4 June 2009 Edition
Cuireann An Phoblacht fáilte roimh litreacha ónár léitheoirí. Scríobh i nGaeilge nó i mBéarla, 200 focal ar a méid. Déantar giorrú ar litreachta más gá. Cuir do litir chuig [email protected]
An Phoblacht welcomes readers’ letters. Write in Irish or English, 200 words maximum. Letters may be edited for brevity. Send your letters to [email protected] No attachments please
MI6’s ‘questionable practices’
THOSE elements who scoff at suggestions that British Intelligence assassinations and bombings during the conflict were not authorised by British prime ministers at 10 Downing Street might note the comments of the former head of MI6 at the literary Hay Festival in Wales.
Sir Richard Dearlove, who was head of the Secret Intelligence Services (MI6) from 1990 to 2004, said he wasn’t personally aware of British agents being involved in the torture of ‘terror suspects’ from Iraq or Afghanistan. But he did say no British agent would be involved in “questionable practices” without first getting legal advice and political support.
In response to a question from human rights lawyer Philippe Sands QC about whether growing evidence pointing to British collusion in torture meant that there had been ministerial sign-off from Tony Blair’s government, Dearlove said:
“That’s a speculative question... there should have been.”
The ex-head of MI6 admitted that his agency, MI5 and British Army Intelligence were “sometimes asked to act in difficult circumstances. When it does, it asks for legal opinion and ministerial approval... It’s about political cover.”
And there’s no reason to doubt that it was any different under previous British prime ministers, including Margaret Thatcher.
Voting for a Left alternative
WHILE I very much welcome Eoin Ó Broin’s call to republicans to ‘vote left’ (An Phoblacht, 28 May) I am disappointed that this does not seem to include a specific and clear mention of left candidates from other organisations and parties. Indeed, I am not at all in agreement with his advice that preferences should be transferred automatically to the Irish Green Party.
We have one of the most conservative Green Parties in Europe and transferring preference votes as a left choice (as distinct from voting tactically to keep others out) is to support a party which has no organic links to working people and which has an agenda which puts its own brand of a Green politics above the interests of working people.
The Irish Green Party are already posturing and attempting to reposition themselves to enter a Fine Gael Government. This very same pressure will come on the Labour Party. However, with organic links to the trade union movement, Labour entering a Fine Gael-led government with an agenda to slash and burn in the Public sector and drive down minimum wages across sectors of the economy (as Enda Kenny implicitly promised in to the SME sector last week with his ‘review’) will certainly ensure a very serious debate in that party and perhaps also in Sinn Féin.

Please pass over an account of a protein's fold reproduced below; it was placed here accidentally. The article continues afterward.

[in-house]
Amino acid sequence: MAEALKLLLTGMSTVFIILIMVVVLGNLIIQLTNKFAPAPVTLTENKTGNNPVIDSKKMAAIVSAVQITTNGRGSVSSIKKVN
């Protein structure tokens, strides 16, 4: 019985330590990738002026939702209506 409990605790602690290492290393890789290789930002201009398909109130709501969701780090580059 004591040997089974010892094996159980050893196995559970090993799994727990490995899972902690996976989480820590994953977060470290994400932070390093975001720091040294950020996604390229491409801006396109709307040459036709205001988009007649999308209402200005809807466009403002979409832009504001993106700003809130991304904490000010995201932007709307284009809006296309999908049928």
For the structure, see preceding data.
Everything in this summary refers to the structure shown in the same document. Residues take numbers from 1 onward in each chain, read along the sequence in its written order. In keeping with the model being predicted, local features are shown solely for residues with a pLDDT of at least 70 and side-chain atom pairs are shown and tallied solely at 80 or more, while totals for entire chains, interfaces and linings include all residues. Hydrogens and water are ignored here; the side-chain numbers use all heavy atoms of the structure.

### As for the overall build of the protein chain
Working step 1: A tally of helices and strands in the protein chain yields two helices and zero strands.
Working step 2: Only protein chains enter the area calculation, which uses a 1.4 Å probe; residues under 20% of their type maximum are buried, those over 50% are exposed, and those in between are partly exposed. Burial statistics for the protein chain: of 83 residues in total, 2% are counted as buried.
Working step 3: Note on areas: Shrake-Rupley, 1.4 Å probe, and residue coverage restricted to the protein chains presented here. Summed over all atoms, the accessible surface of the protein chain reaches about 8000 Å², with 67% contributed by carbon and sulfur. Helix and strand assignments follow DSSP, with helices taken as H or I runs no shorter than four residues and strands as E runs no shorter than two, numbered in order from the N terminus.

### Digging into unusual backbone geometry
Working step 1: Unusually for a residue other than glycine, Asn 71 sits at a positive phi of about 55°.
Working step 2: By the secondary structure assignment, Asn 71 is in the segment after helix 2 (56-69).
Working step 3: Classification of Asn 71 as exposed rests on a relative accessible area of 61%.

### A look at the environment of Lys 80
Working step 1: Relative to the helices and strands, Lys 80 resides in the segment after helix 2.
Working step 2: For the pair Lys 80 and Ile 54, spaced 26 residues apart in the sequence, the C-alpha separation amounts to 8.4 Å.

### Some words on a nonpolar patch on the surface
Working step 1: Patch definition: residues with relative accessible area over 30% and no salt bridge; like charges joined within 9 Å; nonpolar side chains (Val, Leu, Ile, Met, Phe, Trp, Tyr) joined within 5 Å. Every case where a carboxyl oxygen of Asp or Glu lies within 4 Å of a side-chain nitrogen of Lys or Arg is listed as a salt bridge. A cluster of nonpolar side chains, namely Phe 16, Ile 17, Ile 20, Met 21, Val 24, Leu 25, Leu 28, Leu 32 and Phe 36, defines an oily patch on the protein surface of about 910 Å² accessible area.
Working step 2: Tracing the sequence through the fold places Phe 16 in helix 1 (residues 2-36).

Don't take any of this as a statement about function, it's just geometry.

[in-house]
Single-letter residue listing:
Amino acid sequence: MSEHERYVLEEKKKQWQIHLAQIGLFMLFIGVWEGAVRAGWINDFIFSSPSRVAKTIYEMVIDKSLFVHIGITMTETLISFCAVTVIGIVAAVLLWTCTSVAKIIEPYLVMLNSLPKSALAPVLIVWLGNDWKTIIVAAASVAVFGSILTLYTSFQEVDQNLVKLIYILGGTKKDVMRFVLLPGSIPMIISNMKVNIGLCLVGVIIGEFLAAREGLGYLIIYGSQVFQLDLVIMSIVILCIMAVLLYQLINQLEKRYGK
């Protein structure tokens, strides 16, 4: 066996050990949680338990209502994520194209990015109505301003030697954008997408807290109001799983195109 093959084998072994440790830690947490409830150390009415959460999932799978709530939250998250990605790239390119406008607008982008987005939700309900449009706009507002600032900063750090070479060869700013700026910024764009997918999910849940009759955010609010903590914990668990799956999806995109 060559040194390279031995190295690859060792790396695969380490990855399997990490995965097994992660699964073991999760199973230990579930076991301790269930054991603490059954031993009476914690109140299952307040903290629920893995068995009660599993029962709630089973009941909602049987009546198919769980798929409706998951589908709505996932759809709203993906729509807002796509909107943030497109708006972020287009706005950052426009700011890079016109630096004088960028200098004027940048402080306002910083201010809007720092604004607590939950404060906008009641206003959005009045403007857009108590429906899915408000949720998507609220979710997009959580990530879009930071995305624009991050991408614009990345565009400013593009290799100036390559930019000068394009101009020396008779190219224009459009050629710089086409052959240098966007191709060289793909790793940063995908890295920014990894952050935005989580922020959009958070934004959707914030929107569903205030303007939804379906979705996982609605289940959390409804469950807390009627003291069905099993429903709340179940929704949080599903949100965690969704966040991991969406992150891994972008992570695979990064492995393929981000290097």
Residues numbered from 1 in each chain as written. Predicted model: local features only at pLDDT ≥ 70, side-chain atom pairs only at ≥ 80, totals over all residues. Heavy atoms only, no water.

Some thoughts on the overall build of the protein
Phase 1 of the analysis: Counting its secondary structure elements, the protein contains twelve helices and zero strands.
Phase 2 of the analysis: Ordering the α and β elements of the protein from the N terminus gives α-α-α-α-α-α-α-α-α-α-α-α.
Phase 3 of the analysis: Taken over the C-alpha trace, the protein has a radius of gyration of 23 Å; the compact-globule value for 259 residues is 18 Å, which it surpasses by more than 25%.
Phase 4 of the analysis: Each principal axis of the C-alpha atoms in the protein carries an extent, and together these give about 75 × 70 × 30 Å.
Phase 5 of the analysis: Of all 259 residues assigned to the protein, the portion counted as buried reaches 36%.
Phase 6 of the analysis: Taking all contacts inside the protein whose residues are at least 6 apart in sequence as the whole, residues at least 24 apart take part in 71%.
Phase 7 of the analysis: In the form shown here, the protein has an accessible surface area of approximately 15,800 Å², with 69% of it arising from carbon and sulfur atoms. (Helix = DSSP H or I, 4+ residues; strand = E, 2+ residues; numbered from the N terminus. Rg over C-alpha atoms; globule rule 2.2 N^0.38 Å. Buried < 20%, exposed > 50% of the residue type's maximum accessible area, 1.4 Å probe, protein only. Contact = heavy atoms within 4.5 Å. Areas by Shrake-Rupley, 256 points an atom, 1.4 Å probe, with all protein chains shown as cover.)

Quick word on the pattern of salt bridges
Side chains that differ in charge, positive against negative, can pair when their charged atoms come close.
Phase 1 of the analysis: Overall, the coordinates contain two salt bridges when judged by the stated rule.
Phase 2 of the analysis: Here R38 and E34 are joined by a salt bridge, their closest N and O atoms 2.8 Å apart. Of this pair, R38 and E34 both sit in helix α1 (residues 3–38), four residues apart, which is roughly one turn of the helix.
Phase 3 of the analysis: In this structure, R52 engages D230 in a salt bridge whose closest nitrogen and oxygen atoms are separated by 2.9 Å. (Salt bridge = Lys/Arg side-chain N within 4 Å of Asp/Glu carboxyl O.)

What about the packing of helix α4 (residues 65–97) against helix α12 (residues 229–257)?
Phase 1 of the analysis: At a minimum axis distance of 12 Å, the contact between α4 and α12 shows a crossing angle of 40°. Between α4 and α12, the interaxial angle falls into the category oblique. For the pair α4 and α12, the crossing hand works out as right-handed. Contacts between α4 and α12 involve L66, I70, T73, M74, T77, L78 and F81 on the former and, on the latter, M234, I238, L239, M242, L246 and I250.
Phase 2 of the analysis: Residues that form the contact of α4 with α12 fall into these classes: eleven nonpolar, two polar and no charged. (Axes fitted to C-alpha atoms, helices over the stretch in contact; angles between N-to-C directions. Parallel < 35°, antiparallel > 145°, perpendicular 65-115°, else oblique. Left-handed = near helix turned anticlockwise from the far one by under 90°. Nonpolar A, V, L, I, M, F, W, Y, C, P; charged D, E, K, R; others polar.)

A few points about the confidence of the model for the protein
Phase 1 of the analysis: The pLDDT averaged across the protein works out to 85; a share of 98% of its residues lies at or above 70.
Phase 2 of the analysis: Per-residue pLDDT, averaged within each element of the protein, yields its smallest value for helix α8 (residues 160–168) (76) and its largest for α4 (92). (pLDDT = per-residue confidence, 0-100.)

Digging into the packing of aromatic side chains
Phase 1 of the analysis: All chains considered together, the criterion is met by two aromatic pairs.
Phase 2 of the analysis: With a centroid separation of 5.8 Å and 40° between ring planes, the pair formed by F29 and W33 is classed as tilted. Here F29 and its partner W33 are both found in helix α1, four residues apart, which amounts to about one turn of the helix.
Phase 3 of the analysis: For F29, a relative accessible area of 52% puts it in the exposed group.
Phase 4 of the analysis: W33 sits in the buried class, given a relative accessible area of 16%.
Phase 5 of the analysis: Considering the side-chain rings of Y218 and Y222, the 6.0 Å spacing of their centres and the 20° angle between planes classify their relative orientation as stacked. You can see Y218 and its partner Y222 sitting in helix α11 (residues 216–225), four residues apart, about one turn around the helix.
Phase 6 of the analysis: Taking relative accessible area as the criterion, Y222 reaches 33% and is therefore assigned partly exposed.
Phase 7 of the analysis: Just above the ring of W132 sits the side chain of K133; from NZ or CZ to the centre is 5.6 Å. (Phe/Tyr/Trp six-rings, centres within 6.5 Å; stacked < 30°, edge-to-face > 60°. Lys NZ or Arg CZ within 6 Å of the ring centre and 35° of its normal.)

Republicans should transfer their vote to left movements like the People before Profit Alliance and candidates independent or otherwise of the left.
If we are to consolidate the capacity of working people to fight back, to retain morale and hope, develop beliefs in alternative strategies, construct the foundations of an alternative government and encourage Labour leftwards, it will not be done by giving third preference votes to the Irish Green Party.
I HAVE read with interest recent articles in An Phoblacht by Eoin Ó Broin, a person who has very good views and who hopefully will get elected this time around. Unfortunately in calling for people to vote Labour and then Greens (An Phoblacht, 28 May) Eoin is pushing the boat out a bit far.
In Europe, the Greens and Labour support the Lisbon Treaty with its privatisation policies. The Greens explicitly support the postal service directive. They have no interest in forging a mass, trade union-based working-class party.
Labour is no better. Their agenda is based solely on what is topical on a given day.
In power in France and in Germany, the Greens have been staunchly pro-capitalist. The Euro-Greens’ October 2008 34-part motion at the European Council on the economic and financial situation didn’t mention public ownership once.
Even within Sinn Féin there are many who would have no inclination towards the socialist agenda.
What is needed a mass movement for a new beginning.